Re: Execution time of code?

James Kanze <>
Sat, 7 Mar 2009 03:21:03 -0800 (PST)
On Mar 6, 10:16 pm, wrote:

On Mar 6, 5:05 am, James Kanze <> wrote:

On Mar 6, 8:50 am, wrote:

On Mar 5, 11:55 pm, "Alf P. Steinbach" <> wrote:


I've done some performance testing on Windows and Linux On Windows I use
clock and on Linux I use gettimeofday. From what I can
tell gettimeofday gives more accurate results than clock
on Linux. Depending on how this thread works out, I may
start using the function Victor mentioned on Windows.

On Unix based machines, clock() and gettimeofday() measure
different things. I use clock() when I want what clock()
measures, and gettimeofday() when I want what gettimeofday()
measures. For comparing algorithms to see which is more
effective, this means clock().

I've just retested the test that saves/sends a list<int> using
clock on Linux. The range of ratios from the Boost version to
my version was between 1.4 and 4.5. The thing about clock is
it returns values like 10,000, 20,000, 30,000, 50,000, 60,000,

This sounds like a defective (albeit legal) implementation.
Posix requires CLOCKS_PER_SEC to be 1000000 precisely so that
implementations can offer more precision if the system supports
it. Linux does. I'd file a bug report.

Of course, historically, a lot of systems had clocks generated
from the mains, which meant a CLOCKS_PER_SEC of 50 (in Europe)
or 60 (in North America). On such systems, better precision
simply wasn't available, and I've gotten into the habit of not
counting on values of benchmarks that run for less than about 5
minutes. So I would tend not to noticed such anomalies as you

I would be more comfortable with it if I could get it to round
its results less. The range of results with gettimeofday for
the same test is not so wide -- between 2.0 and 2.8. I don't
run other programs while I'm testing besides a shell/vi and
firefox. I definitely don't start or stop any of those
between the tests, so I'm of the opinion that the elapsed time
results are meaningful.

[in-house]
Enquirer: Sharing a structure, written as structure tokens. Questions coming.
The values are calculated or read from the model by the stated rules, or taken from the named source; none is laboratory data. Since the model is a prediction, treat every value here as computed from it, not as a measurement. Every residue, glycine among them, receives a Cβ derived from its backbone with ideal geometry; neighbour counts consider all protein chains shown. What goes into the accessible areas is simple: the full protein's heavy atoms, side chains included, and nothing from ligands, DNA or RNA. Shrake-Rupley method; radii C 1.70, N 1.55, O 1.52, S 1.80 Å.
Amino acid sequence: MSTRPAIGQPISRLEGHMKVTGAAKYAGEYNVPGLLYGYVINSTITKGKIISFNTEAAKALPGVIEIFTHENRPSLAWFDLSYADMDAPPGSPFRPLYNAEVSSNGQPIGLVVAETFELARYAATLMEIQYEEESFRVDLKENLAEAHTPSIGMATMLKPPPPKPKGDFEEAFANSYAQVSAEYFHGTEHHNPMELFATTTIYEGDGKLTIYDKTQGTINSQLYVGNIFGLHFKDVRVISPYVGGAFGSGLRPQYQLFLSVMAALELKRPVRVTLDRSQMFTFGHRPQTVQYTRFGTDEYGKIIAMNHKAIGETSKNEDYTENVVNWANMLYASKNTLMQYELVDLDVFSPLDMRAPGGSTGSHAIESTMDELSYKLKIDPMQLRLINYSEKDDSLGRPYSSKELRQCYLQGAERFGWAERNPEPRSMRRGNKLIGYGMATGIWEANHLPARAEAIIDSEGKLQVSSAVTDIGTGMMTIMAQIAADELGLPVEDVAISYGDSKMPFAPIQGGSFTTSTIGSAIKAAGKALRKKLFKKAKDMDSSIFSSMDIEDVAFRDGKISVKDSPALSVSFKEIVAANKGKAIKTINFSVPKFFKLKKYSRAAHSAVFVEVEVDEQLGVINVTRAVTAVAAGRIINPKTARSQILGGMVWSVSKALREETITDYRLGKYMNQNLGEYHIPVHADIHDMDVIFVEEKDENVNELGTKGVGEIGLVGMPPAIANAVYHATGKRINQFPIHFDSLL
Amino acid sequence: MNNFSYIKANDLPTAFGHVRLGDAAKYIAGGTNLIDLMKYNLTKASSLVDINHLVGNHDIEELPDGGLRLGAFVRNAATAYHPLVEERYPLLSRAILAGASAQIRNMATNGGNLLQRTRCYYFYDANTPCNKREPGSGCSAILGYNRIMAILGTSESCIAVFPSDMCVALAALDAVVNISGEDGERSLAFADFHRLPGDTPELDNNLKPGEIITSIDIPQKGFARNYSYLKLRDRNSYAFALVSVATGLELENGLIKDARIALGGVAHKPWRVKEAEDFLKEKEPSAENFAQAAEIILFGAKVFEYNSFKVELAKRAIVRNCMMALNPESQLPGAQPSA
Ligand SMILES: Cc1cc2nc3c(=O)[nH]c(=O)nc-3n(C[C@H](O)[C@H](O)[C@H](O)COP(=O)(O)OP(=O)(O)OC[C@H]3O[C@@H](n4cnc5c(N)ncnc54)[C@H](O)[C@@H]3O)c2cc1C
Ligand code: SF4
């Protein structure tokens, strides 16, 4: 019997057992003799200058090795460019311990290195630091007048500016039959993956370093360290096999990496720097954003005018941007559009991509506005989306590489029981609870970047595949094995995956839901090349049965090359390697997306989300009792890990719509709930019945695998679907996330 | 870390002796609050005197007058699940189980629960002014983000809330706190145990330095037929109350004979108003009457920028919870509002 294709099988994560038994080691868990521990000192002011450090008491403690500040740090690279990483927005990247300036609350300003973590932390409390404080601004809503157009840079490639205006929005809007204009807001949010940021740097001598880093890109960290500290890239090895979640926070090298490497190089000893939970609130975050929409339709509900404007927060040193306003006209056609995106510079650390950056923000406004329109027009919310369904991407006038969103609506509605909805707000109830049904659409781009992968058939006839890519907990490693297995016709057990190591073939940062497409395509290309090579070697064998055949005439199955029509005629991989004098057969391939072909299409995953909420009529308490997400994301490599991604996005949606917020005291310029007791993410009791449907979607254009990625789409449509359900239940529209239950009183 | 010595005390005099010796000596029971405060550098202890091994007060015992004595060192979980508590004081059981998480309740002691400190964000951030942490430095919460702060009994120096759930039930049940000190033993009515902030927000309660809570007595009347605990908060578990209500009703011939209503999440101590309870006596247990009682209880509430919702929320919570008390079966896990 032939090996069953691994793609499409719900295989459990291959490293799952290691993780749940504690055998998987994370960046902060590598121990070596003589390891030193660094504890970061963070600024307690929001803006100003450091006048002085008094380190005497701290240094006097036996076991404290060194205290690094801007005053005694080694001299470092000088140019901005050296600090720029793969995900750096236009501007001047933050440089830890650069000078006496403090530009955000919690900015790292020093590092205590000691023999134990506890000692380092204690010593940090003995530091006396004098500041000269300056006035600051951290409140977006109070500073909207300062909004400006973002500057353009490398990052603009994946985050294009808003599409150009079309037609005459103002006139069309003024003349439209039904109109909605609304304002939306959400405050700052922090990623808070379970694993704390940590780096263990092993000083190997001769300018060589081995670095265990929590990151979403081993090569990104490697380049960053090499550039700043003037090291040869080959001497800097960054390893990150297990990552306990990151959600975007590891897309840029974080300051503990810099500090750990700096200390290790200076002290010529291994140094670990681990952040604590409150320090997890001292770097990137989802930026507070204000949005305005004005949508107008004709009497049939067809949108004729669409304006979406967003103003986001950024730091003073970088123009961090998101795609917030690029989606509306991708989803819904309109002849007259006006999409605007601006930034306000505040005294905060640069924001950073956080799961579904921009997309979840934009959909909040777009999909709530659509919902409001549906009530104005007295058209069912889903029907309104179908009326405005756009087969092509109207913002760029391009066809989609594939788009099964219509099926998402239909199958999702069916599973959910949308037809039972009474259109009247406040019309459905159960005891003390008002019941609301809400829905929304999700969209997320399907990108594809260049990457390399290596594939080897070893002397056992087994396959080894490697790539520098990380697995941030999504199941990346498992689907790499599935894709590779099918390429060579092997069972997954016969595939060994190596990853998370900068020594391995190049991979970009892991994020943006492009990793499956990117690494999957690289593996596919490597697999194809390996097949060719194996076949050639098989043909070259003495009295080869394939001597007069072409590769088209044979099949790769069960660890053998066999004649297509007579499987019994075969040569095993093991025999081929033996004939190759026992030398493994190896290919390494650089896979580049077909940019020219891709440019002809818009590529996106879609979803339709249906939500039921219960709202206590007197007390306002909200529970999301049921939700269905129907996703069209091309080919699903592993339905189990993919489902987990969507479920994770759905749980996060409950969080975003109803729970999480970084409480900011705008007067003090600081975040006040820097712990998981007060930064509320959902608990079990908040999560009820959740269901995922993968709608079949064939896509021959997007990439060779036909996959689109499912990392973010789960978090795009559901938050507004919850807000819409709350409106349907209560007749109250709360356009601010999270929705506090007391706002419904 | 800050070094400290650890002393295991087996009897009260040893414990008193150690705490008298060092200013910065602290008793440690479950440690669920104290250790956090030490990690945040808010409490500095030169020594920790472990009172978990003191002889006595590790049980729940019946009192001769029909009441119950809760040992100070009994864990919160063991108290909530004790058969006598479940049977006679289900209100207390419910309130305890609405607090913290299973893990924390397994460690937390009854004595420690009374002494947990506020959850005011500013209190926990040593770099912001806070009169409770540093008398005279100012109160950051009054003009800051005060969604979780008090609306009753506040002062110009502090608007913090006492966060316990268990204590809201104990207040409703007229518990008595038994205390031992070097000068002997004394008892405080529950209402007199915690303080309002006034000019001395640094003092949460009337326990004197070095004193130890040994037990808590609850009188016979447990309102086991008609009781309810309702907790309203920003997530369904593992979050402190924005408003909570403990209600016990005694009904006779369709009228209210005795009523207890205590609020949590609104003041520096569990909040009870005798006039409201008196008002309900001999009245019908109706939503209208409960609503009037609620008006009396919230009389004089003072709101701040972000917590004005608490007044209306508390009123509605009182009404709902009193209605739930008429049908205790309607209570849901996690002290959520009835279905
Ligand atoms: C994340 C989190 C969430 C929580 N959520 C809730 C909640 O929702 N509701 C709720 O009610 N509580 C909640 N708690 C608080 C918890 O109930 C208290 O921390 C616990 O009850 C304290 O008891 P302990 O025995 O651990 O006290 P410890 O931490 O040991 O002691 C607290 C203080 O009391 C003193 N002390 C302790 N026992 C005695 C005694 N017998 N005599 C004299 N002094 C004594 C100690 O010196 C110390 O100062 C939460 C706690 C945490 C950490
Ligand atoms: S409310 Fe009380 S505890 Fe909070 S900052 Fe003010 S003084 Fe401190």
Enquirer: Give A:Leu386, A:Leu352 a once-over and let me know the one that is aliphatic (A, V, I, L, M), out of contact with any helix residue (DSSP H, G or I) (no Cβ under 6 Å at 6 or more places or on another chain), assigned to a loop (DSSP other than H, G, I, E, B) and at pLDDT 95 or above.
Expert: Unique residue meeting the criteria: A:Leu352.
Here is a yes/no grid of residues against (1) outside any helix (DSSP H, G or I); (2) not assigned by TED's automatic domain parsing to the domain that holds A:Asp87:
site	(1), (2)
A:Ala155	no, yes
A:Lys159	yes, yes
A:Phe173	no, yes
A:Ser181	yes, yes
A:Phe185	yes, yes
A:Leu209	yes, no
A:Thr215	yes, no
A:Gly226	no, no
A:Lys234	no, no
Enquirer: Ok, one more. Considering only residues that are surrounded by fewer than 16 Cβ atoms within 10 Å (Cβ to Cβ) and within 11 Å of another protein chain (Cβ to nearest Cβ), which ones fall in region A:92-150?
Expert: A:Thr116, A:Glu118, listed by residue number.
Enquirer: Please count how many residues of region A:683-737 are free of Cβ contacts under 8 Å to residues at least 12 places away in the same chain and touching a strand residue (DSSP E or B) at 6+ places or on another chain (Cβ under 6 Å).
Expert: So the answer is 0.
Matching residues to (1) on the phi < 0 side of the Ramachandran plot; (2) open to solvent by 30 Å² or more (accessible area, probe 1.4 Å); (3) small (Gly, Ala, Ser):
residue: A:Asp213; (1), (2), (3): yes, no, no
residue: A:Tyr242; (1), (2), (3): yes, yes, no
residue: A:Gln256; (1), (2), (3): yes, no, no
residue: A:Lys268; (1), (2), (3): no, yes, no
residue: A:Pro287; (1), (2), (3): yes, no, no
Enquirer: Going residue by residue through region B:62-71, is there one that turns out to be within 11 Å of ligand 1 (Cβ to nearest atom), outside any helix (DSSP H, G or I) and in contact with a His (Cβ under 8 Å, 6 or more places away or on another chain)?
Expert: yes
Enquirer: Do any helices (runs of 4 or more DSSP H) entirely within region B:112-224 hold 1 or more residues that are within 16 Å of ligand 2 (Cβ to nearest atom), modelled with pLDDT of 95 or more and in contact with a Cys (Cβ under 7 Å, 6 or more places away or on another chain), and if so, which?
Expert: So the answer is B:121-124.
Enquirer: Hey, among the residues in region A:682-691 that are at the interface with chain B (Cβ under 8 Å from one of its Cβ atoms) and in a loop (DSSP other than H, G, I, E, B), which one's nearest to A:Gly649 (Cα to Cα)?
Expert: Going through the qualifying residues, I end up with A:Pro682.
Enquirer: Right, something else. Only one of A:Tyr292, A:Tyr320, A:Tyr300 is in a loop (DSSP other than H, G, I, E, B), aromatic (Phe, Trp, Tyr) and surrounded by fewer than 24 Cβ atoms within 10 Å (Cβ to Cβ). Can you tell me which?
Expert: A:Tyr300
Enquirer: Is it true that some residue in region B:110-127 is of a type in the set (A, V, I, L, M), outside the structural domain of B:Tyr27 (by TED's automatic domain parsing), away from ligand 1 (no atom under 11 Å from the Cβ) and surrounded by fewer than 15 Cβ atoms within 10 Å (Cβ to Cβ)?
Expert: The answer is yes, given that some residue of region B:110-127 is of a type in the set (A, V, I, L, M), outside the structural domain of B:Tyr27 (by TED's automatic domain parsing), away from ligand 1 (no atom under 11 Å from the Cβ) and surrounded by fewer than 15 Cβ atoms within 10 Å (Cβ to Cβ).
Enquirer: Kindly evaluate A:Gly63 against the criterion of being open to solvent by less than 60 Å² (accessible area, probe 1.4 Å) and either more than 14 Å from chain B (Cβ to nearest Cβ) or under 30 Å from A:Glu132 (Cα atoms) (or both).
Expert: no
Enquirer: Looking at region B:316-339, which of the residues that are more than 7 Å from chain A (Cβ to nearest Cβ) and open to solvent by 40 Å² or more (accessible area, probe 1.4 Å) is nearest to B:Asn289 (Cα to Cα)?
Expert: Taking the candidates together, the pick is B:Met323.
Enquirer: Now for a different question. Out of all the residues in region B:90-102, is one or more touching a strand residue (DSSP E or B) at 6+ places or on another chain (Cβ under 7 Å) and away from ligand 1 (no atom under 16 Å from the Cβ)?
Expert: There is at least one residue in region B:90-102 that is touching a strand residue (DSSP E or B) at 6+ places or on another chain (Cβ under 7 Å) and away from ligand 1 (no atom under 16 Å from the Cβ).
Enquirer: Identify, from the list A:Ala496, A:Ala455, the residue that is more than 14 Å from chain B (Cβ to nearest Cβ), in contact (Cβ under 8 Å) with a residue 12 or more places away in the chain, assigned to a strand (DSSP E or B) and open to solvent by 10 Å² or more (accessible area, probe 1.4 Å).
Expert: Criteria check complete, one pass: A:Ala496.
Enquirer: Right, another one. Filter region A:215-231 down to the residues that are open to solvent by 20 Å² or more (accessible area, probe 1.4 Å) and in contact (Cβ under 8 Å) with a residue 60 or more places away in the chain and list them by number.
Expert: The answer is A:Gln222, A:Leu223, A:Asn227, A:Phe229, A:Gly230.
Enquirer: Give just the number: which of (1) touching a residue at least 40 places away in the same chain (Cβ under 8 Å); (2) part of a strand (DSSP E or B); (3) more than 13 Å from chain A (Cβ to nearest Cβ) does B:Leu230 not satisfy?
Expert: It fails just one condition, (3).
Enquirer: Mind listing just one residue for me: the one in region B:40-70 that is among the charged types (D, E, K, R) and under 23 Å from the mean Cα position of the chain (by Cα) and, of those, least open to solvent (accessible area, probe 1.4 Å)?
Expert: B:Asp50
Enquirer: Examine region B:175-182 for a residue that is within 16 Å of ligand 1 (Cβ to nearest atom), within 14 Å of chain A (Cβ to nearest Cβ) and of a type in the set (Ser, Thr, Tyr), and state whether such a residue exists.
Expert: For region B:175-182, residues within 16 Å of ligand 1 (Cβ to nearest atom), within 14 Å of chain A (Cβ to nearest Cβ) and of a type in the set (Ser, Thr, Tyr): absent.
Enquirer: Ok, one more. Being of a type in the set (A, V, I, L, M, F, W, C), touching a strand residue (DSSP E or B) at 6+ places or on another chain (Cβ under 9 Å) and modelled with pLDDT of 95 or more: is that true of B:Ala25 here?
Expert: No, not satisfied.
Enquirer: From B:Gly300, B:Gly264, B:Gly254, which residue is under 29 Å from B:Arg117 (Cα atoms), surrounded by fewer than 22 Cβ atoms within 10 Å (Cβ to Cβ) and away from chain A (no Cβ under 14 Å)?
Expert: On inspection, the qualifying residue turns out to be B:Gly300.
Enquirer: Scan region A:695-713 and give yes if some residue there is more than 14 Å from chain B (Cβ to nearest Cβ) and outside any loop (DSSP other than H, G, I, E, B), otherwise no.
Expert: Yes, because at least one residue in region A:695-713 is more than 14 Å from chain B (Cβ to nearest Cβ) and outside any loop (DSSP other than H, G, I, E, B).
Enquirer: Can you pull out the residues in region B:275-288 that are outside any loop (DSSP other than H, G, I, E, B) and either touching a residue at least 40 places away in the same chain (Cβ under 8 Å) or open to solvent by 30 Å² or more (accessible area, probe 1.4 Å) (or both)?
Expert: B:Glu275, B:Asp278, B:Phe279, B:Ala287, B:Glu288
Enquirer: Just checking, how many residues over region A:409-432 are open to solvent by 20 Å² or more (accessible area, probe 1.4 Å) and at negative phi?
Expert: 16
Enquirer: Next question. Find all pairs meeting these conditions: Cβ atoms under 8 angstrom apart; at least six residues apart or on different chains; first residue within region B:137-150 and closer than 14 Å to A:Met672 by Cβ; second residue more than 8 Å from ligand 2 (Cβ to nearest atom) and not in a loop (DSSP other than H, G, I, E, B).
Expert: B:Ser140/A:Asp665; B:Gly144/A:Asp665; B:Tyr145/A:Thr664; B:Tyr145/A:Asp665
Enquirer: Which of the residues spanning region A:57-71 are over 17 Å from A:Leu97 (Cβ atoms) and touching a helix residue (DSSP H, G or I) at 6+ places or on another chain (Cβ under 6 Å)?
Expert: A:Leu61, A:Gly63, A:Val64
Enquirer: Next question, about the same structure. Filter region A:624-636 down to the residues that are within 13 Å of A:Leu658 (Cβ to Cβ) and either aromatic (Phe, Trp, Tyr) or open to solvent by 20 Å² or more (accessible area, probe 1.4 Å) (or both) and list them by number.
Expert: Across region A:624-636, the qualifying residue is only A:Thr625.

The relative values are probably meaningful if the actual values
are large enough (a couple of minutes, at least) and they are
reproduceable. The actual values, not really (but that's
generally not what you're interested in).

In my own tests, with clock(), under both Linux and Solaris, I
generally get differences from one run to the next of
considerably less than 10%. Which is about as accurate as
you're going to get, I think. Under Windows, I have to be more
careful about the surrounding environment, and even then, there
will be an outlier from time to time.

Victor is right about one thing: the implementation of
clock() in VC++ is broken, in the sense that it doesn't
conform to the specification of the C standard, e.g. that
"The clock function returns the implementation's best
approximation to the processor time used by the program
since the beginning of an implementation-defined era related
only to the program invocation." The last time I checked,
the clock() function in VC++ returned elapsed time, and not
processor time. (Of course, if you run enough trials, on a
quiescent machine, the functions involved are pure CPU, and
the goal is just to compare, not to obtain absolute values,
the information obtained is probably adequate anyway.)

Except for the part about the functions being purely CPU, this
describes my approach/intent.

Again, it depends on what you are trying to measure. If you
want to capture disk transfer speed, for example, then clock()
is NOT the function you want (except under Windows).

James Kanze (GABI Software)
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